So perhaps we should define GMOs as organisms that humans have genetically modified. That definition opens an enormous can of worms; some would argue that “genetically modified by humans” begins with the dawn of agriculture. If you try and limit it to leave out traditional cross-breeding of plants — say, by defining GMOs as modified through nonsexual means — there’s still no bright line. Grafting,which occurs when plant tissues fuse due to mechanical pressure, is a long-standing practice in horticulture and it turns out that entire plant genomes can be swapped via grafted plants.
If you narrow the definition further to leave out ancient agricultural practices that most people are comfortable with, problems remain. Try this one: GMOs include modifications, done by people, that wouldn’t occur in nature. That designation leaves out many modifications that most of us consider indisputably GM, such as the gene-silencing techniques that yielded the recently approved non-browning apple and potato, or modifications made via the gene-editing CRISPR technology. These approaches don’t bestow new qualities by inserting foreign genes. Rather, they snip or dial down native genetic material, yielding traits might arise through time on their own via random genetic mutations.
Another difficulty with labeling is that it has the potential to cement false notions about the technology used to make GMOs in people’s minds. Many advocates of labeling, for example, feel strongly that they don’t want “biotechnology” to be used to produce food. Yet without this cursed biotechnology, we might still be collecting cheese-ripening enzymes from the stomachs of calves, for example, rather than using a more pure and arguably more humane version made by genetically engineered microbes (such microbes also make many of the vitamins and minor ingredients in our foods).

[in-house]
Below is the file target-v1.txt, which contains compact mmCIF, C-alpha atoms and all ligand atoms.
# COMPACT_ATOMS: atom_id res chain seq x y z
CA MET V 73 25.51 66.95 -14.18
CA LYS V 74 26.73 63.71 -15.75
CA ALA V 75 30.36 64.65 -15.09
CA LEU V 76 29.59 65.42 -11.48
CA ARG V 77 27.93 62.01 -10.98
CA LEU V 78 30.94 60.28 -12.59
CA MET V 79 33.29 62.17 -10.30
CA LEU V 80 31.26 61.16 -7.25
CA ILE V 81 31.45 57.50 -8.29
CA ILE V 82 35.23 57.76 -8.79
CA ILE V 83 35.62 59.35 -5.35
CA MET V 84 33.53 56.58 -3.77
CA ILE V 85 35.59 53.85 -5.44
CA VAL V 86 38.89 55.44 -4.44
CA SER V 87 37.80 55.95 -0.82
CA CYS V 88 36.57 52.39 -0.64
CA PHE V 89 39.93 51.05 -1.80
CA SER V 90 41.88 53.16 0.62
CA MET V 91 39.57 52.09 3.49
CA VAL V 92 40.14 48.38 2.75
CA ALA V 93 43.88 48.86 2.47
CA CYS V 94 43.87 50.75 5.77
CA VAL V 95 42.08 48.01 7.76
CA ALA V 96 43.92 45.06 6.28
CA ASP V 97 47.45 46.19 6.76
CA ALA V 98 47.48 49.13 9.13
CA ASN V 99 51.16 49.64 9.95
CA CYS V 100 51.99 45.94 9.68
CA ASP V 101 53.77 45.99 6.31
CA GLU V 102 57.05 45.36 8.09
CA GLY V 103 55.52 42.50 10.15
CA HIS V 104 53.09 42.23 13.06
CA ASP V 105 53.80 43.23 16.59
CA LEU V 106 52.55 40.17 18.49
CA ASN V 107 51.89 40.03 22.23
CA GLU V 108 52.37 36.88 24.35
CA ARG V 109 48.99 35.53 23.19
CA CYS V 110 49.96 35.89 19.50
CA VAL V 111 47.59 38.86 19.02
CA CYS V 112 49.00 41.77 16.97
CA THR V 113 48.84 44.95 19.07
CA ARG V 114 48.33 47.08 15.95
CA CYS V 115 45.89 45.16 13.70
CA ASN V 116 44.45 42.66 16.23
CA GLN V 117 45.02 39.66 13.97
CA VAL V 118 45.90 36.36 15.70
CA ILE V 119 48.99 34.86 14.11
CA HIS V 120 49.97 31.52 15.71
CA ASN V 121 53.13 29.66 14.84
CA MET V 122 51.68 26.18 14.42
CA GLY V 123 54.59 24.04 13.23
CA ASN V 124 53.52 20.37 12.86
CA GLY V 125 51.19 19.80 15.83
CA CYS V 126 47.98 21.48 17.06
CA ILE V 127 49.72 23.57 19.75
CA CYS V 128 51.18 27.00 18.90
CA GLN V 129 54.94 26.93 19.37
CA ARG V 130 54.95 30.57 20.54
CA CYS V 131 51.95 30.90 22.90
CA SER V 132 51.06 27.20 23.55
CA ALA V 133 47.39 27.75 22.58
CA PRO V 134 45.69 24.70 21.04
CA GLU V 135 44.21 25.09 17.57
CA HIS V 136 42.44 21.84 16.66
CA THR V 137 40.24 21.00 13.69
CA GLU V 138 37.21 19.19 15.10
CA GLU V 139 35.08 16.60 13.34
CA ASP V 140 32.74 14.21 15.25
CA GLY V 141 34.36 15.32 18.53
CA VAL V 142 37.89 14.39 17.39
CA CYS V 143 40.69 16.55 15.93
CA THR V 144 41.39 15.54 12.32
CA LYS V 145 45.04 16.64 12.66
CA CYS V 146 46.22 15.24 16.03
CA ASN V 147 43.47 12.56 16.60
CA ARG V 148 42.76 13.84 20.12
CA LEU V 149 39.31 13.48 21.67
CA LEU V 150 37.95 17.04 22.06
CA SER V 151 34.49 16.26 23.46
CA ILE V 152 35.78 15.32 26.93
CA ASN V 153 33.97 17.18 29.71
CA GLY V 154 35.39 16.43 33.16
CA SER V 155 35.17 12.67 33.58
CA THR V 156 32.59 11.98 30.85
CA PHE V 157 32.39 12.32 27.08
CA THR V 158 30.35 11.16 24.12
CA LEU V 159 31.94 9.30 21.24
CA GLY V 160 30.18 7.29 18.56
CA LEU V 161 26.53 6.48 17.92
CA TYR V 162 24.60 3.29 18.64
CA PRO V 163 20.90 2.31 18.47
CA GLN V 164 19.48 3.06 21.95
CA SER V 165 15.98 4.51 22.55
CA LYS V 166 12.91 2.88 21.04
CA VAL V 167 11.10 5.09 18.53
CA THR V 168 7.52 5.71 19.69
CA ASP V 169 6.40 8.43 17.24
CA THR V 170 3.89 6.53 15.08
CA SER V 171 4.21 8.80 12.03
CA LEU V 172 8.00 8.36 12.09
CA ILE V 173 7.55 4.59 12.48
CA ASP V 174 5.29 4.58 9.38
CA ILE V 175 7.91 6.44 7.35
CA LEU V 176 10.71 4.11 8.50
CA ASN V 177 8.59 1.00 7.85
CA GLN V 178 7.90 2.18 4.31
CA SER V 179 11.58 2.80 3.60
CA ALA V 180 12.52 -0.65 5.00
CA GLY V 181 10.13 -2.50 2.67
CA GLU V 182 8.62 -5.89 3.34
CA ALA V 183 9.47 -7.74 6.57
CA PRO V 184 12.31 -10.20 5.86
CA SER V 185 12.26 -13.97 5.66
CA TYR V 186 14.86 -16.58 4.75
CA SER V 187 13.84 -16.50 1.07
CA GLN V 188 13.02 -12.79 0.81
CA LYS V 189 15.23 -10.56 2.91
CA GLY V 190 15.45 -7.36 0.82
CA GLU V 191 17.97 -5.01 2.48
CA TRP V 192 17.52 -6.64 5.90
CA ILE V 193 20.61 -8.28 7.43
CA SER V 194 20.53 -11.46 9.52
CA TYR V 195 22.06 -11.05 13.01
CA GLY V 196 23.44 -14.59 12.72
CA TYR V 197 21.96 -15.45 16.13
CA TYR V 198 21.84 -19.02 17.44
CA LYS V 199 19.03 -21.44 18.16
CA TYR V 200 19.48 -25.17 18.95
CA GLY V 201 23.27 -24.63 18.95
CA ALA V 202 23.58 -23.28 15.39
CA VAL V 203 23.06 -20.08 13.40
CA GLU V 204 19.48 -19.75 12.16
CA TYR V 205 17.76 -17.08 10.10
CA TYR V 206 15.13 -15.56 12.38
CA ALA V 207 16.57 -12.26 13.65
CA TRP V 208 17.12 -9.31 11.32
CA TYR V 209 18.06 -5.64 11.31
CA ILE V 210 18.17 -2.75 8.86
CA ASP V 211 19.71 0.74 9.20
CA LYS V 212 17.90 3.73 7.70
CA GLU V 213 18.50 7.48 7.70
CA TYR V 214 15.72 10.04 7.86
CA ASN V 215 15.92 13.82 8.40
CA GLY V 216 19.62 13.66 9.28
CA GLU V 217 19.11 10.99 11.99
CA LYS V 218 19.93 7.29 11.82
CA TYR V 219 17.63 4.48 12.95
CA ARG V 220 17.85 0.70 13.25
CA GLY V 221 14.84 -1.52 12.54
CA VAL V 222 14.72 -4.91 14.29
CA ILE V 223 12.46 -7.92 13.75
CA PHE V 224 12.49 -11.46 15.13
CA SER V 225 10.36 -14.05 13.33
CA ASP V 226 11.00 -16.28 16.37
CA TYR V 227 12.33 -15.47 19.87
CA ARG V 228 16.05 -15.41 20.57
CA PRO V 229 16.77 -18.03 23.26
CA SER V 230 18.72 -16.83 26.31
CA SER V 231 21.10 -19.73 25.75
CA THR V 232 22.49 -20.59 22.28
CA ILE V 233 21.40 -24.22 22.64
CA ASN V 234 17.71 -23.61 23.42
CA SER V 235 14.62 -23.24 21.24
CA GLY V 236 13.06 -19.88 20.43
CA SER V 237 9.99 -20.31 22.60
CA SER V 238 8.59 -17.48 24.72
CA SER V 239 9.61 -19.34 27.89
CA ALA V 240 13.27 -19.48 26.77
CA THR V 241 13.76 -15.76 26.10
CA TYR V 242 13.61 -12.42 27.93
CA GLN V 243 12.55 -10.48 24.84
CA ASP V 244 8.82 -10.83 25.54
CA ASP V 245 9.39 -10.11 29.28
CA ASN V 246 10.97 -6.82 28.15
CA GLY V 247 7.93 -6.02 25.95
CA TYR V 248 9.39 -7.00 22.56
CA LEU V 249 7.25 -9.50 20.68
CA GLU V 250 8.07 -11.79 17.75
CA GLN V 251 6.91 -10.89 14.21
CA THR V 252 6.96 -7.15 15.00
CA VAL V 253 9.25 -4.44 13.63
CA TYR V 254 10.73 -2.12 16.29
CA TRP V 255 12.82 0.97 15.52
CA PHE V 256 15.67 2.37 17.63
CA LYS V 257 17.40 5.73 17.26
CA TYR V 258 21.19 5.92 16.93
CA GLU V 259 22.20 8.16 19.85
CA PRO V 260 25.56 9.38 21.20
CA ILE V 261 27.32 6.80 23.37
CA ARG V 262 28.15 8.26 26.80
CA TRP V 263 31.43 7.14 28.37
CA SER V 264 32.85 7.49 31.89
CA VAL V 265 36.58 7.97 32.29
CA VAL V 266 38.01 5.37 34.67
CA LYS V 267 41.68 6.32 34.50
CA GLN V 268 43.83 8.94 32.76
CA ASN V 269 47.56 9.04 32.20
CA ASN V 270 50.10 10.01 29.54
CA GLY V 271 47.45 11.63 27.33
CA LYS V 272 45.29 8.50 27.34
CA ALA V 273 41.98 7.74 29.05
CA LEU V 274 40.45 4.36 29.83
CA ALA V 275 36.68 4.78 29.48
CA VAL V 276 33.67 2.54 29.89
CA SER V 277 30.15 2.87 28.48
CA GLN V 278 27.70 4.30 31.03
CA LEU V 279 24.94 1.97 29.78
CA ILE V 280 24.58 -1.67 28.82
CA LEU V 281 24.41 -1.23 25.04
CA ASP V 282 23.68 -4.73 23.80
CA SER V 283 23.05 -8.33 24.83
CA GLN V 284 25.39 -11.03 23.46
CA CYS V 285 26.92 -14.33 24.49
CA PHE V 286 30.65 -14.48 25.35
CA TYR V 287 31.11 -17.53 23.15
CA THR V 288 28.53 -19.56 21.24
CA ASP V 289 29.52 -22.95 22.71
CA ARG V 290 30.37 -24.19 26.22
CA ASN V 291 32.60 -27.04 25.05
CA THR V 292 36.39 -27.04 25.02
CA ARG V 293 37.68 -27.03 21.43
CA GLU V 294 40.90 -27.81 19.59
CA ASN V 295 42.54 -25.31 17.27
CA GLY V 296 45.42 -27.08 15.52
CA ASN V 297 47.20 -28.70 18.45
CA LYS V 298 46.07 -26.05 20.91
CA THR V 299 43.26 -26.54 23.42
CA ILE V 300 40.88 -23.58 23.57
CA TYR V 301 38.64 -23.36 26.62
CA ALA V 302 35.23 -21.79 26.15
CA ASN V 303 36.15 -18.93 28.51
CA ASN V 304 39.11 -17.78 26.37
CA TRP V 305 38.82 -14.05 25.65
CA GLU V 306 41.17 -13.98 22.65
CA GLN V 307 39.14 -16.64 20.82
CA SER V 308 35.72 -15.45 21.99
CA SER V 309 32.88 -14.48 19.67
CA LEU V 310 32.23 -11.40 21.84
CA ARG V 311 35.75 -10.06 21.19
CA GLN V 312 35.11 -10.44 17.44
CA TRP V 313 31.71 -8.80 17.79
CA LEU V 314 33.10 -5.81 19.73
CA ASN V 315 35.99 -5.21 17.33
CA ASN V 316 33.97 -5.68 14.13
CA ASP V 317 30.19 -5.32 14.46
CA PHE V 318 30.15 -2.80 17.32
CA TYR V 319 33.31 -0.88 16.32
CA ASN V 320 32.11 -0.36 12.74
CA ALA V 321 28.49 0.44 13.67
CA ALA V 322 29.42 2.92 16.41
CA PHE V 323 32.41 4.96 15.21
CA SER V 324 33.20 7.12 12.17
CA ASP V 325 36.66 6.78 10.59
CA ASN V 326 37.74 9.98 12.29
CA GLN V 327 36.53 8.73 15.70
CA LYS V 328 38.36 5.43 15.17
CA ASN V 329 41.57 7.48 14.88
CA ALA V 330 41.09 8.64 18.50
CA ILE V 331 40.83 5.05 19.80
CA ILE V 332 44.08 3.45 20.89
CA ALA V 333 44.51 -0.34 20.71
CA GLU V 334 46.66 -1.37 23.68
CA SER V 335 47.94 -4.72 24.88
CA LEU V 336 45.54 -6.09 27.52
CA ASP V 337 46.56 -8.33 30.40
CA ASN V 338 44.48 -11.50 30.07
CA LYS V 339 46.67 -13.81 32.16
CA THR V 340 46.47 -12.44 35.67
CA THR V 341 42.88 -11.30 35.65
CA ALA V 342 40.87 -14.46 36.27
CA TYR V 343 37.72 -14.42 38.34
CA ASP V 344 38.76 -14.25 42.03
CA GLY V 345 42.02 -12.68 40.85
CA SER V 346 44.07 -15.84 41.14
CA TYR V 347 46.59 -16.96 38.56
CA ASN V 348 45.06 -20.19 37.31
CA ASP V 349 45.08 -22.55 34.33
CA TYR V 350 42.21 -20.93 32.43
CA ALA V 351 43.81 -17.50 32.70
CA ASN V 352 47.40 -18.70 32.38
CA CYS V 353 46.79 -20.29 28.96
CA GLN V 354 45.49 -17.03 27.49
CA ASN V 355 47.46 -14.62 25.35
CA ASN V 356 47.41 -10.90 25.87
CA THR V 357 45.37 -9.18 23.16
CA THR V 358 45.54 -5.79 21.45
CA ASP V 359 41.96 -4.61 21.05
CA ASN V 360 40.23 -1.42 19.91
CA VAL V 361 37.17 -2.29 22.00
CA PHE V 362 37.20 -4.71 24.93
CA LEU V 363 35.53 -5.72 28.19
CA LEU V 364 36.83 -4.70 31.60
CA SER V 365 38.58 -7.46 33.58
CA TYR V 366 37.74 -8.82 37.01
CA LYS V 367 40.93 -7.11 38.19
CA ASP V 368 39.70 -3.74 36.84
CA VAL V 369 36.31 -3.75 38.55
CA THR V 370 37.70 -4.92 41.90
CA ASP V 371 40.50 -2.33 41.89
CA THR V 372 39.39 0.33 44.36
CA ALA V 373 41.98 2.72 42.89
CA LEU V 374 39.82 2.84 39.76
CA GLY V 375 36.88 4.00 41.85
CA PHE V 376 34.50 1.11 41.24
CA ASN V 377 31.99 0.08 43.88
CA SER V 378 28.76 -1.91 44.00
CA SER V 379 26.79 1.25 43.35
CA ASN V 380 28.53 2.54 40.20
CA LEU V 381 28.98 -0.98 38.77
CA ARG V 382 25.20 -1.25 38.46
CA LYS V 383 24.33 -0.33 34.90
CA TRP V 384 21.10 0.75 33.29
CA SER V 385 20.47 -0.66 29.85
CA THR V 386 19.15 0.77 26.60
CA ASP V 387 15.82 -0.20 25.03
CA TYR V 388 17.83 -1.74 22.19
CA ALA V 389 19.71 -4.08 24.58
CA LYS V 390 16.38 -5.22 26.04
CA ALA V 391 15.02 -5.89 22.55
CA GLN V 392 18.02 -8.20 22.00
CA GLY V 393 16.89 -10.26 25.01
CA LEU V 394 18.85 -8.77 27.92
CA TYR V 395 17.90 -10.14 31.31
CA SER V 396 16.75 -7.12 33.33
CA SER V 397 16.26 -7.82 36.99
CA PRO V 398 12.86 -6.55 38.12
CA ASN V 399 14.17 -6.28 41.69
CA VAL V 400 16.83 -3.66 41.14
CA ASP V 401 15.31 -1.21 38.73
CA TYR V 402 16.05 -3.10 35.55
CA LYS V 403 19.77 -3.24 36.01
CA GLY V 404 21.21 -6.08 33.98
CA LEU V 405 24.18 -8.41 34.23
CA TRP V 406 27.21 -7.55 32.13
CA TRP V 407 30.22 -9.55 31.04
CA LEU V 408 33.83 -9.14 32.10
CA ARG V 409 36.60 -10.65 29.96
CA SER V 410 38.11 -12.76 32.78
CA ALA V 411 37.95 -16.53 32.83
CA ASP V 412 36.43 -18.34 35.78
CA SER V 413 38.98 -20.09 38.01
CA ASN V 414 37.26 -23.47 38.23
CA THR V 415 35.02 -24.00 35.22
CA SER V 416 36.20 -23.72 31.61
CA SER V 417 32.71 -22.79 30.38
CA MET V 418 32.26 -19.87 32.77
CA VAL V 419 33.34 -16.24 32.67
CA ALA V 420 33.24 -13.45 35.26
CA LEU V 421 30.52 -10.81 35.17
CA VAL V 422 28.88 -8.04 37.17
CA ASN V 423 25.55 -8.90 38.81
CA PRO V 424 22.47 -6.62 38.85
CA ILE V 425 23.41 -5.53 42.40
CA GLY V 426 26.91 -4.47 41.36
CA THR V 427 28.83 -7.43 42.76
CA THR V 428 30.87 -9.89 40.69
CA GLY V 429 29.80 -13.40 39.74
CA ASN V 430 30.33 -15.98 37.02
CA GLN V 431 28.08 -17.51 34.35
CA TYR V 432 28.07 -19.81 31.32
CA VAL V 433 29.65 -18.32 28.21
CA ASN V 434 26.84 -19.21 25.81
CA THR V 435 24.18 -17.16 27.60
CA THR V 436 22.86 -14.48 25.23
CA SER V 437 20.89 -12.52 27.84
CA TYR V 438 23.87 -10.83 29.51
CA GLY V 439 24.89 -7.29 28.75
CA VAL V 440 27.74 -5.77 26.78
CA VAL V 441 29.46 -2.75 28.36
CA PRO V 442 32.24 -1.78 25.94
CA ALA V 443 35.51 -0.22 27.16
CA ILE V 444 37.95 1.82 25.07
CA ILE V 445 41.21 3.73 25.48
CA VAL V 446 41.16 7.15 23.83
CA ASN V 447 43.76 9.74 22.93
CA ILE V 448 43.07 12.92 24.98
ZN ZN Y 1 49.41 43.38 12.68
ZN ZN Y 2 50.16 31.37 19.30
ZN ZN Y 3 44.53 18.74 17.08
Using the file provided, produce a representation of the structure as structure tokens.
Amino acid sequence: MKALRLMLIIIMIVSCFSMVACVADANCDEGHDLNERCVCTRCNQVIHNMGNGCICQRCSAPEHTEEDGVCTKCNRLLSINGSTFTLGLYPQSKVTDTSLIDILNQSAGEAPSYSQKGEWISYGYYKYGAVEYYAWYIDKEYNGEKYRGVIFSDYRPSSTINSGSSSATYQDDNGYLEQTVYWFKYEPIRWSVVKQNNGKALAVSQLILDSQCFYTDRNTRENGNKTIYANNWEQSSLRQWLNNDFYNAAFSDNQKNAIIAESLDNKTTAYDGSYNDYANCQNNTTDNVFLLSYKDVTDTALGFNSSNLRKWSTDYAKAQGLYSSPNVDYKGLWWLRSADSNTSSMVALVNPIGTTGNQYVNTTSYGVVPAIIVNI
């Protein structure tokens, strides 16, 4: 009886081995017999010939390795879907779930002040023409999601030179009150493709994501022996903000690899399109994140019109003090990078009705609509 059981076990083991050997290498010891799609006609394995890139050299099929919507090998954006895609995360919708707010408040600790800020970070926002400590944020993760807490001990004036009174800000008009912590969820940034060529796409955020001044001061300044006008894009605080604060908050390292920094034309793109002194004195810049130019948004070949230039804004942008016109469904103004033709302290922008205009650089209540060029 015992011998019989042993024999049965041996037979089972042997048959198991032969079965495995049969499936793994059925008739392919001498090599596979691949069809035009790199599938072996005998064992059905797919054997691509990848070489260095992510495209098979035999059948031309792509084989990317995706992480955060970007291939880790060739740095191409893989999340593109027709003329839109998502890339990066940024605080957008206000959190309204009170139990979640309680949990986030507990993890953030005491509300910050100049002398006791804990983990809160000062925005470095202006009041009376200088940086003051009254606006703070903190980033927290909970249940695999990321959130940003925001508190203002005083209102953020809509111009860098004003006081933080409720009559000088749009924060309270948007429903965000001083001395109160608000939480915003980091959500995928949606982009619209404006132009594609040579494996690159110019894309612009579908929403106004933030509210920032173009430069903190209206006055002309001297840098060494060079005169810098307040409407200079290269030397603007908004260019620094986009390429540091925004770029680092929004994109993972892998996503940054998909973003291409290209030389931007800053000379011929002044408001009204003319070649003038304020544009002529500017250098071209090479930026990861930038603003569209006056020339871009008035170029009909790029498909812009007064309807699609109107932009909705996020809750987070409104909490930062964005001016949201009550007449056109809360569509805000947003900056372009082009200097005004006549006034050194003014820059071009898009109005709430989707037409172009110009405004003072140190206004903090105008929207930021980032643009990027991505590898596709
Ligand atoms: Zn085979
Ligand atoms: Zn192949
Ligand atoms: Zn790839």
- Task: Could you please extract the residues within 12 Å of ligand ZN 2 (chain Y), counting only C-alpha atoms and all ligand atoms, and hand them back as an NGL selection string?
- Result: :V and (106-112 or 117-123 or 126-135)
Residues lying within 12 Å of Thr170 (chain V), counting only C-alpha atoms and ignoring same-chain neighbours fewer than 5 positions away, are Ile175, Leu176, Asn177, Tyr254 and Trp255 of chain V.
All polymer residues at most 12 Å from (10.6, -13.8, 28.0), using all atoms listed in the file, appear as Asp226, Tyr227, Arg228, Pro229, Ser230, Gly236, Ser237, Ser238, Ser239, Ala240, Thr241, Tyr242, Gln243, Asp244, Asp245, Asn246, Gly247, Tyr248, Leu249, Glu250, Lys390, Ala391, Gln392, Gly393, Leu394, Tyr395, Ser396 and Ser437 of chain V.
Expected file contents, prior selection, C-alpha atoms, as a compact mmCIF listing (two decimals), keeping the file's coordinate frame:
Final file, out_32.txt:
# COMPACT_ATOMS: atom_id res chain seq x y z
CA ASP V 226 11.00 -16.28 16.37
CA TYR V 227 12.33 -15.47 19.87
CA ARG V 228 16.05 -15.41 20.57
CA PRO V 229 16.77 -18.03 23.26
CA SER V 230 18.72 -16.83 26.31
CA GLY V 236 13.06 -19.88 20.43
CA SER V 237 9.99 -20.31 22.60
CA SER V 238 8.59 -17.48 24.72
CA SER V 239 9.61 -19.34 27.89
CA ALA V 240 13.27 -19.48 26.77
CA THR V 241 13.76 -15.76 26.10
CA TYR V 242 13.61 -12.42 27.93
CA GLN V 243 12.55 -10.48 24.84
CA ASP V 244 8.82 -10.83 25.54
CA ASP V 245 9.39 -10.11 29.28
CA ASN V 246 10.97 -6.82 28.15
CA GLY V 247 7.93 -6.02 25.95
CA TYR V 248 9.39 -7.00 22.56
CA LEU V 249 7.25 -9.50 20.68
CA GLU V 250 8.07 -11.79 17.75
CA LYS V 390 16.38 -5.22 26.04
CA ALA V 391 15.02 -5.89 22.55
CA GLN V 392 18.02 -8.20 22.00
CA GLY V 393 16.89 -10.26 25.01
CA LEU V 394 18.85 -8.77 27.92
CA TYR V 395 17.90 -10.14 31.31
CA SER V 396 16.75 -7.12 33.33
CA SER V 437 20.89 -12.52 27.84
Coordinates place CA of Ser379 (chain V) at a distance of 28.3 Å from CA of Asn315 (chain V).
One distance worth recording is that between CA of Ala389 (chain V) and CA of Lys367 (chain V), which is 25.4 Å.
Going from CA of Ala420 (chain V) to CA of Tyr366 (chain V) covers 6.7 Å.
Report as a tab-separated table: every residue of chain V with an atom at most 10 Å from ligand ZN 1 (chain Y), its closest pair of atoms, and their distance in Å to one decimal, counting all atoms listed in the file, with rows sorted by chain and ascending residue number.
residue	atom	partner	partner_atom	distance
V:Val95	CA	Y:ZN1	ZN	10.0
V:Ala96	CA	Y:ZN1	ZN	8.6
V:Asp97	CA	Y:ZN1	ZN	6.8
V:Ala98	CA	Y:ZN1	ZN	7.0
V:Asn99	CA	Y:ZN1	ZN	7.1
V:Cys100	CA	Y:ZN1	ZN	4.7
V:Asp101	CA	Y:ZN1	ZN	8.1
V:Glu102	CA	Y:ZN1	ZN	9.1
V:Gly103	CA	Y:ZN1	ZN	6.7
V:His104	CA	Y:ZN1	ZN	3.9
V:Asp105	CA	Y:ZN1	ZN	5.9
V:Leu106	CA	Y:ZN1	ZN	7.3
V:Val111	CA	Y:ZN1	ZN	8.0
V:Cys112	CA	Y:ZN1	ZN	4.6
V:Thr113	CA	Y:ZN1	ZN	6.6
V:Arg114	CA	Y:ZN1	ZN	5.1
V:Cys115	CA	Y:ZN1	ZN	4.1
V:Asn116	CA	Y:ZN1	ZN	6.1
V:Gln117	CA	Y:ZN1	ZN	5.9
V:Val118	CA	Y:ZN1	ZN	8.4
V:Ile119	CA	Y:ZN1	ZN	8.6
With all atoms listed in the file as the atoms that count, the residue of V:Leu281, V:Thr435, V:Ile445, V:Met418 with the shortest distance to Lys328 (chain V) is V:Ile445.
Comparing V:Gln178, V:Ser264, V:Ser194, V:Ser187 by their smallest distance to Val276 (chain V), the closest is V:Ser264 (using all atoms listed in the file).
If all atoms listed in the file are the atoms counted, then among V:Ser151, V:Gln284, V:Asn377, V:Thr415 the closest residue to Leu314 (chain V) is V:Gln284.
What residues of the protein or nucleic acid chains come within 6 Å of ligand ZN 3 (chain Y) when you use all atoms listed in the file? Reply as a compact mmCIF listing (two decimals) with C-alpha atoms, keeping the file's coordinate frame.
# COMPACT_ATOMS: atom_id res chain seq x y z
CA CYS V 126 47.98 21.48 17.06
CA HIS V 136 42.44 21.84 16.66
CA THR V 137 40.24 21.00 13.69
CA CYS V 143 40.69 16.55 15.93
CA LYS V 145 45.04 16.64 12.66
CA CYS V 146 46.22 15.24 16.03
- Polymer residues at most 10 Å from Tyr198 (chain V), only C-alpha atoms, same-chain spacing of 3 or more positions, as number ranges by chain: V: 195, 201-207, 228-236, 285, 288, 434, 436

I understand the appeal of labels, and for many — myself included — labeling laws speak to an increasingly out-of-reach desire: that where we spend our money can make a statement about our beliefs. In conversations with friends, colleagues and sources about labeling laws, many point out that they aren’t worried about health effects or other red GM herrings —they just don’t want to support a food system based on industrial agriculture. That may be a valid desire, but it’s not necessarily achieved by labeling: Many plant biotech initiatives are not under the yoke of Big Ag. (Depending how you count, about 40 percent of agriculture biotech patents are held by industry giants, a hefty number to be sure, but certainly not enough to define the term.)
One way of avoiding the genetically engineered/modified labeling mess is to tell consumers to buy organic if they want to avoid GMOs; organic foods are prohibited from containing GM ingredients. But that option won’t help you avoid supporting an industrial food system: Many organic brands are now owned by titans of the processed food industry. And the organic label won’t rid the FDA of its genetically engineered salmon labeling problem: The U.S. has no organic standards for fish. So as the agency embarks on its efforts to finalize labeling guidelines, I say to them, good luck with that.